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Biophysical characterization of the activity state of thrombin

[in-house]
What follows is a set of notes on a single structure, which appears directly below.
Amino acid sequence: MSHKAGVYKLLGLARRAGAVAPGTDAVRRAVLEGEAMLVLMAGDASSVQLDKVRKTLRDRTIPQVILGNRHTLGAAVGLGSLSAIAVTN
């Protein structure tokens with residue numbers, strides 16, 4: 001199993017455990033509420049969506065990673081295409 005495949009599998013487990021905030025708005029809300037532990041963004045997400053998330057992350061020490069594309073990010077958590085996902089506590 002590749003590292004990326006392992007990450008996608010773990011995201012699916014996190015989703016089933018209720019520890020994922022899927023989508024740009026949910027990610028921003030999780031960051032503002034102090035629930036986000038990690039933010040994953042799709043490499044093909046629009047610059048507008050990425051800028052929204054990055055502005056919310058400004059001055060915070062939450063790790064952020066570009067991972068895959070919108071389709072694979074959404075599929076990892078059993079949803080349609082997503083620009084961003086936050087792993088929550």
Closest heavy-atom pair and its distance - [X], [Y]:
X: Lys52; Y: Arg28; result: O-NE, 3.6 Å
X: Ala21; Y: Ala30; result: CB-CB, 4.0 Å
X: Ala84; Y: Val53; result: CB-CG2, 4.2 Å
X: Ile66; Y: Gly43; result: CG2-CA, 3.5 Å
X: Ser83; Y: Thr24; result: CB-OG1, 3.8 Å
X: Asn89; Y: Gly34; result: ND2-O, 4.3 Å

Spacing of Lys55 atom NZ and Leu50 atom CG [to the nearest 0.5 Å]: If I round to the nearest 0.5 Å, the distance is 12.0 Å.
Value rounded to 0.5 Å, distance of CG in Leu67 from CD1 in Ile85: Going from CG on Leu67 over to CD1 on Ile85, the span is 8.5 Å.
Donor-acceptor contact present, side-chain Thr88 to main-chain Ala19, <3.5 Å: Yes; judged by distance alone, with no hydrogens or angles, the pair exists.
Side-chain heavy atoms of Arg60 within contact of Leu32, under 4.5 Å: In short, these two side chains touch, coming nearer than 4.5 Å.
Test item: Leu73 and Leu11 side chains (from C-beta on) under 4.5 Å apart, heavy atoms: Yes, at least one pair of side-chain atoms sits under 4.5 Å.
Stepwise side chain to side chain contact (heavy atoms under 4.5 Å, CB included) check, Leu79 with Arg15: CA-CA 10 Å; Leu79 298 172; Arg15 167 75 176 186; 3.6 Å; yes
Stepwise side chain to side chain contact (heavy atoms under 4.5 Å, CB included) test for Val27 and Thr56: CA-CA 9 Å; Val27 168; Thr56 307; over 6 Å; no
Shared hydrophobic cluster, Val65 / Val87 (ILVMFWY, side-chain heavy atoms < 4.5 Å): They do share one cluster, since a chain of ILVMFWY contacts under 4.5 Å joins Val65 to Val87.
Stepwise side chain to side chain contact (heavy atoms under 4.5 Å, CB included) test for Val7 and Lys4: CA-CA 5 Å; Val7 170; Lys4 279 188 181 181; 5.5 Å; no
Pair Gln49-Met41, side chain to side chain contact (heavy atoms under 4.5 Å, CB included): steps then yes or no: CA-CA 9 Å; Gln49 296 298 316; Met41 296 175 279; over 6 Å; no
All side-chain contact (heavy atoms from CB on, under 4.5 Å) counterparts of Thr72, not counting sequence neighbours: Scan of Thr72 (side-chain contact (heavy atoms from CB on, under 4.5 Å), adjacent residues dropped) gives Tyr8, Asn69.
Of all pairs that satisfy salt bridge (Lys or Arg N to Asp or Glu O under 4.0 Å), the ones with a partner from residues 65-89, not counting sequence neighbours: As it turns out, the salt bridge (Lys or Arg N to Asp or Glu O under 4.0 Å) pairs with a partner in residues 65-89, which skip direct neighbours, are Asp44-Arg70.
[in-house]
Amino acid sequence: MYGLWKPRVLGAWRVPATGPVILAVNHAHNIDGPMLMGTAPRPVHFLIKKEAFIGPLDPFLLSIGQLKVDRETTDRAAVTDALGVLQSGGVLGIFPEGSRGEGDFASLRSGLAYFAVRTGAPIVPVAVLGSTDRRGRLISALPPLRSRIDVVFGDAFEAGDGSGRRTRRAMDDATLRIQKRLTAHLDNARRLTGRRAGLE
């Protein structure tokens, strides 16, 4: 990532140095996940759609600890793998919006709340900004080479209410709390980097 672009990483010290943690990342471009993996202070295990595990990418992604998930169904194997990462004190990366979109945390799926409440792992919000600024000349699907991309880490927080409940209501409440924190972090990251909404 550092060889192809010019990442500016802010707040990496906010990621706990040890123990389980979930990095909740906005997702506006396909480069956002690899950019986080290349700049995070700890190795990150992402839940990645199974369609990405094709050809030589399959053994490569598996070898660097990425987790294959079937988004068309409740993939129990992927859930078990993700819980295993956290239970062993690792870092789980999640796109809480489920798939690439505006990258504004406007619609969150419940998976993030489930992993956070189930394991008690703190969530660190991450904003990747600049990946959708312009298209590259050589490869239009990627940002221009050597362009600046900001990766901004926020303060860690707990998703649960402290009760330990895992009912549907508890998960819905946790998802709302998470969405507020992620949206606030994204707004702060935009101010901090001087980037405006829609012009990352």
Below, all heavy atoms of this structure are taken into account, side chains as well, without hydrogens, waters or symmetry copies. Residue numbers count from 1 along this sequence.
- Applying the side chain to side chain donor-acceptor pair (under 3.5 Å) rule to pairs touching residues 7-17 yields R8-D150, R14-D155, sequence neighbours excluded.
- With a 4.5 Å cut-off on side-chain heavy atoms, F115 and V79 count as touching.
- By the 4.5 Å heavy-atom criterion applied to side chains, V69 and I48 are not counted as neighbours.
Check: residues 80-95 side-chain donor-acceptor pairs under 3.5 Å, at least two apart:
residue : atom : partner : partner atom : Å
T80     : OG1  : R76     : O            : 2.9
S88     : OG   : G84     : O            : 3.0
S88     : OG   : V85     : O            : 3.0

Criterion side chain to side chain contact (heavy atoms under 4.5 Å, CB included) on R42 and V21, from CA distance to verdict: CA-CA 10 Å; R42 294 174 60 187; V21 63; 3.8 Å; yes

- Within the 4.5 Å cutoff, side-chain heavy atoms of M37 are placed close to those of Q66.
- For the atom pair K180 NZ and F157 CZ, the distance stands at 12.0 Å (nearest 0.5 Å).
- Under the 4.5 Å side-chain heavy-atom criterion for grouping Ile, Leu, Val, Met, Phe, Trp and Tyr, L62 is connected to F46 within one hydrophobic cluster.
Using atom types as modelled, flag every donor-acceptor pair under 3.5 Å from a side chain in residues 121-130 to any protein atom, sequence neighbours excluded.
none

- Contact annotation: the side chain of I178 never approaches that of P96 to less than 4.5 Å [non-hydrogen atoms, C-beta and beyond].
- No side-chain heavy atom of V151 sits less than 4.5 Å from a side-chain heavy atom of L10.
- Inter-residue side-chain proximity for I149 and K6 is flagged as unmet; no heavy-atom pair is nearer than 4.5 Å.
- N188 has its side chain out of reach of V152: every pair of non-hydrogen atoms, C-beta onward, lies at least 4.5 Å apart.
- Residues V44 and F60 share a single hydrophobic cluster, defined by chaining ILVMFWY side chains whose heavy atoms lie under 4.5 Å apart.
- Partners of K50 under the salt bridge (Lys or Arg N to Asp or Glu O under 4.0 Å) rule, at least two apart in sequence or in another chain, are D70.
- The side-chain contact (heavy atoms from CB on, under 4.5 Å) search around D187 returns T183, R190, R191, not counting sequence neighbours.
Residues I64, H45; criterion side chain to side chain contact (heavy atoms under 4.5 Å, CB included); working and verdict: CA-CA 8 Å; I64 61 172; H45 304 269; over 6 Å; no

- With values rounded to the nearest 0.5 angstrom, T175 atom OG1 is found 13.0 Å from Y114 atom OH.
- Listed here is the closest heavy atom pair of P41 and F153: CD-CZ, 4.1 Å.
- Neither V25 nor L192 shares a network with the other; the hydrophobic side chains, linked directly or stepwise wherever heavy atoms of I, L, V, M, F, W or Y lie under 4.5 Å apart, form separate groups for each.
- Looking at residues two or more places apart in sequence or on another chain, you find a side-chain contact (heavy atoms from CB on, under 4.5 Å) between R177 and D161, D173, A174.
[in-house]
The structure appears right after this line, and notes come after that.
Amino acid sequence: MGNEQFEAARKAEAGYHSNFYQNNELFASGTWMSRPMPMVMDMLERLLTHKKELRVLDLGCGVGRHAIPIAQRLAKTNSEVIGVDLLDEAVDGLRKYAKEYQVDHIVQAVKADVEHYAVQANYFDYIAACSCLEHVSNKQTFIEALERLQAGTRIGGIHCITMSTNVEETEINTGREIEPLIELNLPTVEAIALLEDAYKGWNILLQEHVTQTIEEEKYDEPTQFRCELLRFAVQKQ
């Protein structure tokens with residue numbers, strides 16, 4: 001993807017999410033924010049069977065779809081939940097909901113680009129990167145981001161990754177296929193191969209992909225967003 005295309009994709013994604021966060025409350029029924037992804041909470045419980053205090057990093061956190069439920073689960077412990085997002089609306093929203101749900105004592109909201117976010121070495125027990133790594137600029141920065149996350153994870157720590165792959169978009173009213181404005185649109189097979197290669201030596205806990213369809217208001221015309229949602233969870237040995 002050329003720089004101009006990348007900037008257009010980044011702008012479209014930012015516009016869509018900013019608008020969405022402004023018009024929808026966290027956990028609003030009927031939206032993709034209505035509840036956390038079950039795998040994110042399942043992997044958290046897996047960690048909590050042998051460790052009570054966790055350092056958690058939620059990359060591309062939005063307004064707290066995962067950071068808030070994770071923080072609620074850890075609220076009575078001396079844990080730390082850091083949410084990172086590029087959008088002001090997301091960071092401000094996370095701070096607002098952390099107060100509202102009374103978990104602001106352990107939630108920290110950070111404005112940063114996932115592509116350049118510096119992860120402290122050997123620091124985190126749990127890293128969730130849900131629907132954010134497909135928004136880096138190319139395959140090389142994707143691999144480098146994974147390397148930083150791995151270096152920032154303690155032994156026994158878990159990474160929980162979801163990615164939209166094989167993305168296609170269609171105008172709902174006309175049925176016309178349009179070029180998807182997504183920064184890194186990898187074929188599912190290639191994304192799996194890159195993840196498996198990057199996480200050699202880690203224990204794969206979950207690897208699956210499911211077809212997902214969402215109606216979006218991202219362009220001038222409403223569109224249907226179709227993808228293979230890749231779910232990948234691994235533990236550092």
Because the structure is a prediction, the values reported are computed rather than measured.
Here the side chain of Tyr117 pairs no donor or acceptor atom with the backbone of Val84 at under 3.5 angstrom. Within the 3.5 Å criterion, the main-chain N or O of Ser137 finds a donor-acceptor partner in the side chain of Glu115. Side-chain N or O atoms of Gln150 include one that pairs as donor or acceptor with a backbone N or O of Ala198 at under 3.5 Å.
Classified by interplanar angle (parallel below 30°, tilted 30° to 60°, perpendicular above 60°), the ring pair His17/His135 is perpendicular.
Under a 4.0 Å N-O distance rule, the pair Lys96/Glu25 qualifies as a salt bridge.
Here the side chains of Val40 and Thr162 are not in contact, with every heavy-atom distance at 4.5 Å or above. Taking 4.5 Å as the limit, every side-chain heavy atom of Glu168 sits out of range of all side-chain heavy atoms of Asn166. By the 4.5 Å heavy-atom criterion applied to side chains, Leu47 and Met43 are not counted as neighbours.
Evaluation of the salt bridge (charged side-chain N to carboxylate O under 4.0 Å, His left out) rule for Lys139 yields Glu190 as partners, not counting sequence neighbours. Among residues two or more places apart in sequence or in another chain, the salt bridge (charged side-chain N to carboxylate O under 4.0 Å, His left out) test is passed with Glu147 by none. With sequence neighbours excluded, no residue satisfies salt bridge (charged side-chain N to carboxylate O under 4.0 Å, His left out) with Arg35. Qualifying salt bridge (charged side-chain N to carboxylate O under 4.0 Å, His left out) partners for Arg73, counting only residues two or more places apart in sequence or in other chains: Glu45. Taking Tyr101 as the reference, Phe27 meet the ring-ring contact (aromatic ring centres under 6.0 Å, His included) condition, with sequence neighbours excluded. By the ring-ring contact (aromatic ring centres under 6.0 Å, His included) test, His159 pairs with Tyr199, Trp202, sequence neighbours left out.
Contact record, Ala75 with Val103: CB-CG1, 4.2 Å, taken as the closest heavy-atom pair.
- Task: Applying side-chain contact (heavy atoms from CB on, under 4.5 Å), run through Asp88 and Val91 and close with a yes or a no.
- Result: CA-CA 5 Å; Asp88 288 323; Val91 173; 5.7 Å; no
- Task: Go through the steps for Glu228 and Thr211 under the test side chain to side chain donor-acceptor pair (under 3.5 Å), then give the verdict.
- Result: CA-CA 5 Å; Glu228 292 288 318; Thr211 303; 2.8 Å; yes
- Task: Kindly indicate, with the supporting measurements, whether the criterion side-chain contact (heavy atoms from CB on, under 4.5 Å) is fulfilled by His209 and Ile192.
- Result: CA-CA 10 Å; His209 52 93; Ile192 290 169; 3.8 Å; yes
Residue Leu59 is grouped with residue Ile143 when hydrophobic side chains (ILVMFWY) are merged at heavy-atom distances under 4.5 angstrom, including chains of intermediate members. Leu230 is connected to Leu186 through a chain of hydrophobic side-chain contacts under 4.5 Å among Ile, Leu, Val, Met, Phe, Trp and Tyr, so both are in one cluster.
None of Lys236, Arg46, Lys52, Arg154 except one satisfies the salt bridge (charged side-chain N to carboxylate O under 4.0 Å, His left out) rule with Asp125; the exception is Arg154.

The final step of the blood coagulation cascade is the activation of thrombin. Active thrombin cleaves fibrinogen to create fibrin which polymerizes into clots. Regulation of thrombin is imperative to maintaining normal hemostasis. The blood contains a high concentration of prothrombin, which must be proteolytically cleaved at two sites to generate active alpha-thrombin. Very little alpha -thrombin is ever generated, and this is rapidly captured by either thrombomodulin (TM) and/or antithrombin III. This work investigates the dynamics of thrombin in several activity states by H/2H exchange and MALDI-TOF mass spectrometry. Chapter II investigates the activation mechanism of conversion of prothrombin to active thrombin. This process involves cleavage at Arg320-Ile321 producing meizothrombin or cleavage at Arg271-Thr272 producing prethrombin-2. Full activation of thrombin requires both cleavage events. The H/2H results show that upon activation half of thrombin becomes more dynamic and the other half becomes less dynamic. In Chapter III solvent accessibility changes which occur upon active site occupation of thrombin are investigated. The dynamics of thrombin are studied in the presence of two different active site inhibitors of thrombin. Development of a flow- quench protocol allowed for the capture of early time points in H/2H exchange and aided our ability to observe conformational changes in key surface loops. The results show a path of communication between the active site and remote co-factor binding regions of thrombin. Chapter IV presents a study of the dynamics of thrombin in the presence of its cofactor TM. When an active TM cofactor (TMEGF45) binds at ABE1 far from the thrombin active site, dynamics changes are observed in the thrombin active site. When an inactive TM cofactor (TMEGF56) binds, there are no changes observed in the thrombin active site. In Chapter V several mutants of TMEGF45 are studied for their cofactor activity in accelerating the cleavage of protein C by thrombin. Several TM residues that appear far from thrombin in the thrombin-TMEGF456 crystal structure are known to have large effects on protein C activation. Both kinetic data and H/2H exchange data for the TMEGF45 mutants show TM interacts with both thrombin and protein C

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